Throughout the book Selina Todd offers interludes from the life of Viv Nicholson who won the pools and "spent, spent, spent" but ultimately lost her wealth.

The People is full of facts, discussions of working class campaigns and injustices but what brings the history to life is the personal stories such as George McCartney, "The volunteers viewed themselves as the guardians of democracy. George McCartney, a Scottish volunteer, was certain that his peers didn't go to Spain to usher in Communism or anything like that. He went to Spain to continue the fight for freedom of a people to put a cross on a ballot paper.
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Format: Hardcover
Selina Todd's passionate and committed history of the Working Class over the century between 1910 and 2010 has elicited some essay length reviews - a few very highly critical - here on Amazon. I think the response has been a vindication of Todd's book. People have reacted either very positively or extremely negatively to it, largely depending, I guess, upon their own particular political positions. However some reviewers appear to attribute to the book views and opinions which it does not in fact express and in doing so seem to get quite hot under the collar. For example, Todd is not guilty of the charge that she believes "Labour is always good, while Conservatives are always bad". On the contrary, most politicians of whatever hue are given a good drubbing throughout, with the possible exception of the great Ernest Bevin - born in a tiny cob-built cottage less than a mile from where I tap these lines out on my keyboard.

I have no intention of writing an essay here. Selina Todd's book is a highly worthwhile work which is both passionate and committed, and whose political stance is entirely unambiguous. One reviewer on Amazon stated that historical writing should always be objective and quoted Ranke in that connection (that's Theodor von, not J Arthur, in case there's any confusion). Objective history can be very, very dull. Many of the experiences related in "The Rise and Fall of the Working Class 1910 to 2010" are now beyond living memory and for that reason alone we need this book. If any of us forget what our parents' and our grandparents' lives were like (assuming we are not the Duke of Westminster), the Old Etonians will be running the entire show and we'll only have ourselves to blame!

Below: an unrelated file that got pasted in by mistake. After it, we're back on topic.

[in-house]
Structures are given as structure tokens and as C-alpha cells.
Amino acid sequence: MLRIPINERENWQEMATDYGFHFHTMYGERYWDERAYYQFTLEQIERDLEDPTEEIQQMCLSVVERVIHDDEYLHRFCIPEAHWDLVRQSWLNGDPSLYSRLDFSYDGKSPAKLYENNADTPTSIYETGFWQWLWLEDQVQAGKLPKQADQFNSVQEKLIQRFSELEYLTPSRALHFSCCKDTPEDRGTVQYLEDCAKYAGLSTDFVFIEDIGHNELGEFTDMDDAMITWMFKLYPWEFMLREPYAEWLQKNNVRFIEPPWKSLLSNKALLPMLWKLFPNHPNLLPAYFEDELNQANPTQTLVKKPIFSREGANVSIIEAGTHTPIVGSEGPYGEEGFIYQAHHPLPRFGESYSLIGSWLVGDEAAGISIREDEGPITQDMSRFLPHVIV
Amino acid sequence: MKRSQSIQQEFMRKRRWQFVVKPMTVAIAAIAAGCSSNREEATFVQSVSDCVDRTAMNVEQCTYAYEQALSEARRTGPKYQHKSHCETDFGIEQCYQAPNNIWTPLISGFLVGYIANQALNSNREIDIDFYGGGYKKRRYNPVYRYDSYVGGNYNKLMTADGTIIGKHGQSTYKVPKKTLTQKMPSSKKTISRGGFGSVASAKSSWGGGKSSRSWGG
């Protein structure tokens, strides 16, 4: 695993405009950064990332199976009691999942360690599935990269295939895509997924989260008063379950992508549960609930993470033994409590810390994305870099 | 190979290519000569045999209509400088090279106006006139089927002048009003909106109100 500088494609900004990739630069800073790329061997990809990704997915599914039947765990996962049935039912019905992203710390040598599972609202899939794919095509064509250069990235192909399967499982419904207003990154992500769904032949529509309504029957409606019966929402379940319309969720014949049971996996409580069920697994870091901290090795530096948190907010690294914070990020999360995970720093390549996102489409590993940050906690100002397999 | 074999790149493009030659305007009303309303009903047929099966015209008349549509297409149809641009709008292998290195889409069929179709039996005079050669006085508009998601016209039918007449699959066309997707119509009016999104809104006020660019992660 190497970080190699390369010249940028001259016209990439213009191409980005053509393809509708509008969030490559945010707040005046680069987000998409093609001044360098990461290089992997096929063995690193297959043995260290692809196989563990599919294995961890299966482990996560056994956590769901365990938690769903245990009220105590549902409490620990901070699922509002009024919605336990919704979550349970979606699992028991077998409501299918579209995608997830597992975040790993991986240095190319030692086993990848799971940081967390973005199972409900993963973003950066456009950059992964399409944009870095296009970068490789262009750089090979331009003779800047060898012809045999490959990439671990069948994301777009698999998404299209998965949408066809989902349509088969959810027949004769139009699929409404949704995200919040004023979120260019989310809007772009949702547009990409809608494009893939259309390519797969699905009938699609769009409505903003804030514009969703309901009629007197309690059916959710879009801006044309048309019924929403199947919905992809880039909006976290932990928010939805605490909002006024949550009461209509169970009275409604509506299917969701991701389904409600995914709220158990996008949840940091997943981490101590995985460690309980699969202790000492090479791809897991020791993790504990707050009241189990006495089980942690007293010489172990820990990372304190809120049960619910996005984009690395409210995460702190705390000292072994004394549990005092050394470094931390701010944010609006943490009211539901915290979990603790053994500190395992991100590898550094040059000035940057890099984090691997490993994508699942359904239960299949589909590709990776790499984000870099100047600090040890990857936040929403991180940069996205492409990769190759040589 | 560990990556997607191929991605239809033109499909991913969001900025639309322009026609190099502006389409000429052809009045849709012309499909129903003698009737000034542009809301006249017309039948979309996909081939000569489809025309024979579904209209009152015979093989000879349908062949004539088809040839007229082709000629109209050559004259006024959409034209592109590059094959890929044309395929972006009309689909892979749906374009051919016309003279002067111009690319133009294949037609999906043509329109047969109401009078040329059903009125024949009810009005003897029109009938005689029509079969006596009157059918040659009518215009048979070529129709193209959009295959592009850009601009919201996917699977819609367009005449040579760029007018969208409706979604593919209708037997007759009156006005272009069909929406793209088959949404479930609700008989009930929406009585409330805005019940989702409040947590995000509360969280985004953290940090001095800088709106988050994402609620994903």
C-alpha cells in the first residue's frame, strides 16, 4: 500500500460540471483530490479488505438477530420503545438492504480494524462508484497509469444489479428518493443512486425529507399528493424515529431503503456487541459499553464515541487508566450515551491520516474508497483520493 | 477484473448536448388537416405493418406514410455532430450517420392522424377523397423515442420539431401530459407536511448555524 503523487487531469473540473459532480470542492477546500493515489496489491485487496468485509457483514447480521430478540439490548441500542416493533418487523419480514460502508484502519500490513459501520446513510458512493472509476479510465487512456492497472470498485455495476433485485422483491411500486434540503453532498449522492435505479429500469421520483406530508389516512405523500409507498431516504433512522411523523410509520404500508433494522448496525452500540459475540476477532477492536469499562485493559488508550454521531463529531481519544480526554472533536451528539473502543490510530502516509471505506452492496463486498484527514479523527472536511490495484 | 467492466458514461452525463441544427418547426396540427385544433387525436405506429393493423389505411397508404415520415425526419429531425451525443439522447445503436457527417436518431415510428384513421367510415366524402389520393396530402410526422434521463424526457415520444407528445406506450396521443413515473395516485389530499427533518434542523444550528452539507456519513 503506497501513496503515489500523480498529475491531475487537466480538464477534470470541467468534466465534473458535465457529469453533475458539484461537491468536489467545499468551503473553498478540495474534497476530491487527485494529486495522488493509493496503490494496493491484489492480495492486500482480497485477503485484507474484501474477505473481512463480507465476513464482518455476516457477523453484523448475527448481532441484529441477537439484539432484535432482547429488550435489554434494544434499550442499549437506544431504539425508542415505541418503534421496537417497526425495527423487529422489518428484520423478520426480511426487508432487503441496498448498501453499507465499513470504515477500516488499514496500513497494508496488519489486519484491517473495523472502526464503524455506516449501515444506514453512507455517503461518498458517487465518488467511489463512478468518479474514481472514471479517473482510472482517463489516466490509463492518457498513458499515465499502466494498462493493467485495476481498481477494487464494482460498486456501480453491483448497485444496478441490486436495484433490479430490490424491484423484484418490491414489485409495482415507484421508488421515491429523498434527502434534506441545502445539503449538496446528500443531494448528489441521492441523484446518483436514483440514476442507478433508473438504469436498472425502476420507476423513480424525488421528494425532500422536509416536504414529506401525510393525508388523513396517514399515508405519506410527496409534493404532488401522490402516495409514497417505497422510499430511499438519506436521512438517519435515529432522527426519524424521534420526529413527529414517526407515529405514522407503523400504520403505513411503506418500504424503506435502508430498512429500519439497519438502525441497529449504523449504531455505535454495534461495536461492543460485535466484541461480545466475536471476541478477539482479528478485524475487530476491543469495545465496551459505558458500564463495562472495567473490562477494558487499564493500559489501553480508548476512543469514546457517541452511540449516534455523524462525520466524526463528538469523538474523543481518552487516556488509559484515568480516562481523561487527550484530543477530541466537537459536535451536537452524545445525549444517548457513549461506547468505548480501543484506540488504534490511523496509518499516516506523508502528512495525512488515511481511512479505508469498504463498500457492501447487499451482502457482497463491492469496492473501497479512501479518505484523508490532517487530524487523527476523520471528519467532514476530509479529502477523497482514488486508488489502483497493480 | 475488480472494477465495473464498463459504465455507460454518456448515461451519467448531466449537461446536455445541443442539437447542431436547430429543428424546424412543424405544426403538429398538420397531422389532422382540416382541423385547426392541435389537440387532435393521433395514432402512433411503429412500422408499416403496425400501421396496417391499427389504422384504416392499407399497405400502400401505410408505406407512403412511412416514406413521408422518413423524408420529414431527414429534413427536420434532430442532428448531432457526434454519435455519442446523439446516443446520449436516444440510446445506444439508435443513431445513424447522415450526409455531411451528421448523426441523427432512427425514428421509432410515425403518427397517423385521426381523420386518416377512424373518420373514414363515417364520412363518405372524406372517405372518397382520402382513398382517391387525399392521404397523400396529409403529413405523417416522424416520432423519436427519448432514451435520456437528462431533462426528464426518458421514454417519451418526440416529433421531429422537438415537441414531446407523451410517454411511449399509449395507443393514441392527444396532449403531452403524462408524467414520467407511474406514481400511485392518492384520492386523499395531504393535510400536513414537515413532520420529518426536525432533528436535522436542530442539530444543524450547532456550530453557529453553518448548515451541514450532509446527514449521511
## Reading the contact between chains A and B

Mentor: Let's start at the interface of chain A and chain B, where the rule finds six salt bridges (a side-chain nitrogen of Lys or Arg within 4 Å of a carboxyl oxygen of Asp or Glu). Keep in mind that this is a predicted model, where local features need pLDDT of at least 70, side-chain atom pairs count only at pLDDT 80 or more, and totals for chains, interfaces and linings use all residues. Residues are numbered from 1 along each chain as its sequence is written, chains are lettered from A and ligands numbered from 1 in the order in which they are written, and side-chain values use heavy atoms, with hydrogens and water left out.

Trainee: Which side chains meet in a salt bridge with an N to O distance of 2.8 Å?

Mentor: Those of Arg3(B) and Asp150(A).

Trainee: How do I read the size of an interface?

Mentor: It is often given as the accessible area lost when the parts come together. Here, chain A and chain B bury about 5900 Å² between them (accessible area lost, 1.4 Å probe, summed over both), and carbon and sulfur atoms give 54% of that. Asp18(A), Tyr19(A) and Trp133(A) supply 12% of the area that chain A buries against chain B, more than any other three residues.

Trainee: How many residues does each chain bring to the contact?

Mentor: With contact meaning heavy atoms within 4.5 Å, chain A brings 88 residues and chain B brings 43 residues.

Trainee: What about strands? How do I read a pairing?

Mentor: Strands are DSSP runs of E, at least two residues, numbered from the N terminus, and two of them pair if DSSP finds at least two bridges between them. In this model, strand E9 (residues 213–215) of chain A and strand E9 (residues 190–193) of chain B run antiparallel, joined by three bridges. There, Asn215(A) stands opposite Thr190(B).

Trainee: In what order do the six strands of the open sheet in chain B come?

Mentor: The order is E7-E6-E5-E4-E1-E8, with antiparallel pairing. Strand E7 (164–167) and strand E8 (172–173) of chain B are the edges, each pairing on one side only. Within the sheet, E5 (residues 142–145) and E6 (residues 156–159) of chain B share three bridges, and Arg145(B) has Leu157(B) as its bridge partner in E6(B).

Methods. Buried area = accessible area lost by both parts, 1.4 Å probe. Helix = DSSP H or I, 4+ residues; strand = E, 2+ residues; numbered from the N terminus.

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Format: Hardcover
They always say that history is written by the victors; consequently, much of written history is about Kings & Queens, Dukes & Generals. I always found this hard to swallow, as I have no affinity with any of them.
Recently though, the excellent David Kynaston has begun to "right that balance" to a degree, with his volumes based upon Mass Observation records. Here we have someone also documenting the experiences of ordinary, REAL people.
Ms Todd has roots in this community, and writes from a position of strength as a result. There is warmth and empathy, and an understanding of her subject matter that comes from that knowledge. Similarly, the role of women in this history isn't marginalised, as is often the case in many works. I look forward to her future output. PK